# Interest Rate Calculation & Debt Schedule

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We will create a document resembling the asset schedule. It’s likely that you are well-versed in how to put it together.

This workflow follows the typical protocol, requiring us to index columns A & B, expand column C, freeze panes, and link Y1 to Y10 from cell E to N. I trust that you understand the basic rule for dealing with initial and final balance totals. Should you need further information on this, please check past chapters.

One can view the base rule I put in place for secured and unsecured loan types below.

In cell E8, I’ve linked the secured loan value of Year 1 to denote Y1’s closing balance – which also serves as Y2’s opening balance, in accordance with the base rule.

For Y2, the secured loan balance closes at Rs.226.65Cr, showing that new loan issues amount to Rs.119.16Cr.

In Y3, the closing balance for the secured loan is Rs.207.83Cr, indicating that part of the debt has been settled.

One can use the same approach for loans secured or unsecured and create a spreadsheet. This is how my current one appears –

The following year’s new issues and repayments can most accurately be predicted by assessing the management’s CAPEX intentions. As long as we stay aware of their instructions, it is reasonable to assume that debt levels will rise if they have taken on considerable CAPEX initiatives.

I’d like you to take a look at this video, where the CMD of HPCL delves into their CAPEX strategies and how they plan to finance them.

The CMD has provided figures to assess the amount of debt. When projecting new debt issues and payments, always refer to what the management has to suggest. This information can be gained by skimming through annual reports, analyst call transcripts and interviews with management etc.

If no available data exists, you must predict according to past trends. Our model outlines a decrease in loans over Y1 and Y2. Initially, they had a large debt, but later decreased.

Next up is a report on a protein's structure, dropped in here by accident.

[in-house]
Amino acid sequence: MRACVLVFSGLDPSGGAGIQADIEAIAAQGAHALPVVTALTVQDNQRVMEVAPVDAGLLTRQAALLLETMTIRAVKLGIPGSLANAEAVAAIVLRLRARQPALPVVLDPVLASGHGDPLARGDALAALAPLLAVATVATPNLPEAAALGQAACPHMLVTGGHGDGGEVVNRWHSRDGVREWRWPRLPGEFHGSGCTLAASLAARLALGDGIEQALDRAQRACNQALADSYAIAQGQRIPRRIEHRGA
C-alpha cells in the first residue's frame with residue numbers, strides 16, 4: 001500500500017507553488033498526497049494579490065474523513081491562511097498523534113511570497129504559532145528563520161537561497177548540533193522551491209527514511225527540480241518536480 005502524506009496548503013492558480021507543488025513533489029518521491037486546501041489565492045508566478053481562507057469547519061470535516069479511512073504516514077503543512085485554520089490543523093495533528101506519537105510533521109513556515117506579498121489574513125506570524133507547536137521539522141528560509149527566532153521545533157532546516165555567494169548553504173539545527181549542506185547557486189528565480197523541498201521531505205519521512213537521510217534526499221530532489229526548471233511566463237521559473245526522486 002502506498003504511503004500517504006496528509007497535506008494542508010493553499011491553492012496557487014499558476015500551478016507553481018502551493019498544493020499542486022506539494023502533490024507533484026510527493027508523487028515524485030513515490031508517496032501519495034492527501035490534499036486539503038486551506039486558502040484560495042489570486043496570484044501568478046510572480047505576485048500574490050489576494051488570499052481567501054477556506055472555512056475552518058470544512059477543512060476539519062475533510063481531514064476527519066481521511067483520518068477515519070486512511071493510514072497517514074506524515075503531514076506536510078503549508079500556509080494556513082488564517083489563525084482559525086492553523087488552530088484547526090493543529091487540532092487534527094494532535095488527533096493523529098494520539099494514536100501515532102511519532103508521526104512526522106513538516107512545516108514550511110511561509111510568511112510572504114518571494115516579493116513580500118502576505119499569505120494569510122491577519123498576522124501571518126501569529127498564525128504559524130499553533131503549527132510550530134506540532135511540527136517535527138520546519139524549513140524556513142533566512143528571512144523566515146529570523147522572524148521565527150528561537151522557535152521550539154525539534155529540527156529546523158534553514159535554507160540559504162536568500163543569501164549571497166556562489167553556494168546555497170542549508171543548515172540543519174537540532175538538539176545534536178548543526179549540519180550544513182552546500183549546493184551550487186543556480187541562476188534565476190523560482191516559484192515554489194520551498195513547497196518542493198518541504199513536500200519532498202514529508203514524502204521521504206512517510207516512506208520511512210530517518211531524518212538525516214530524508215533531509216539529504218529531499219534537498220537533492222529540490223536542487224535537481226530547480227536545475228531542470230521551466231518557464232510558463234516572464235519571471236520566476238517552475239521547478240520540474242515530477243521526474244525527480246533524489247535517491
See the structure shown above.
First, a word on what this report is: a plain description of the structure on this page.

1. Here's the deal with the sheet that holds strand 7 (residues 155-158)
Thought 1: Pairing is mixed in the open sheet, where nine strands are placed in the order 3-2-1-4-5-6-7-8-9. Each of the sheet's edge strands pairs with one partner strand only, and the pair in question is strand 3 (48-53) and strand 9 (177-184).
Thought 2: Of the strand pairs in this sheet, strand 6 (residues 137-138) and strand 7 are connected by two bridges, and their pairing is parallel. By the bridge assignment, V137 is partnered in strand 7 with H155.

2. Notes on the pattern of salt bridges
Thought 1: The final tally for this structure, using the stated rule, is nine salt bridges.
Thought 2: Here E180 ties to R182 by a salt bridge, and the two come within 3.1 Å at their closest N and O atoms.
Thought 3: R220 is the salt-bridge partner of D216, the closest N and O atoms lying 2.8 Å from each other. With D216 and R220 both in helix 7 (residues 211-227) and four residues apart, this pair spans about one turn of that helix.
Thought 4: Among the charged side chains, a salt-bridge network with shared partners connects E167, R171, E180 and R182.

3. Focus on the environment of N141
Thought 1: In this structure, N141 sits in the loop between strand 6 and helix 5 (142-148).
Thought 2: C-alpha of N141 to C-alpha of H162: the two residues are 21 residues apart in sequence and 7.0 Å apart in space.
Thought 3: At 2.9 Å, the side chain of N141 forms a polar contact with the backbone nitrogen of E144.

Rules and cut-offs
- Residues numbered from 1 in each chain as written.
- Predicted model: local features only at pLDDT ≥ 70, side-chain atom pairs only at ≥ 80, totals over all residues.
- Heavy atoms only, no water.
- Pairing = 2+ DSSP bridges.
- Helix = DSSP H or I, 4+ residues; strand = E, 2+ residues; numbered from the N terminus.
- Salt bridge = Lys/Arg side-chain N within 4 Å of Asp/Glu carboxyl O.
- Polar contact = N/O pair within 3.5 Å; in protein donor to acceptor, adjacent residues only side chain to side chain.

The company has not released any new products and they have also paid back their loan. We anticipate similar trends to keep going in the years ahead. To make that happen –

Keep new issue at zero

Find out the average repayment.

If the technique does not suit your style, leave the debt as is. The most that can occur is our valuation may view smaller than expected, which I don’t consider to be a negative consequence.

I will maintain the debt as is in this model and finish off by creating the secured and unsecured loan.

At this juncture, it would be beneficial to examine the schedule. The starting and ending balances, along with the secure and unsecured debt must all be accounted for when trying to make an estimate of the company’s debts. When pondering this matter, I should consider if I should use 31st March’s opening balance or 1st April’s beginning balance?

To address this issue, we can calculate the average loan outstanding by taking the mean of the opening and closing balance of both secured and unsecured debt.

Firstly, from the P&L, we are able to calculate this year’s interest expense. Through dividing this total cost over the average balance of loans, we can work out the applicable interest rate for the company. From there, I have taken the necessary steps on excel in order to generate the sheet you see now.

I have done the math and found an average of the opening and closing balances for both secured and unsecured loans.

I spread the P&L interest cost among the average loan balance at the rate of interest.

Once we have determined the applicable interest rate, we can determine an approximate estimate of the future year rates by averaging them.

We have the average interest rate and loan outstanding, which enables us to calculate the future year’s interest expense by multiplying them together.

In the Profit and Loss statement, we can take action right away.

The debt schedule figures have been fed into the P&L, allowing us to make our second projection.

We can use the figures from the debt plan to complete the non-current liabilities part of the balance sheet.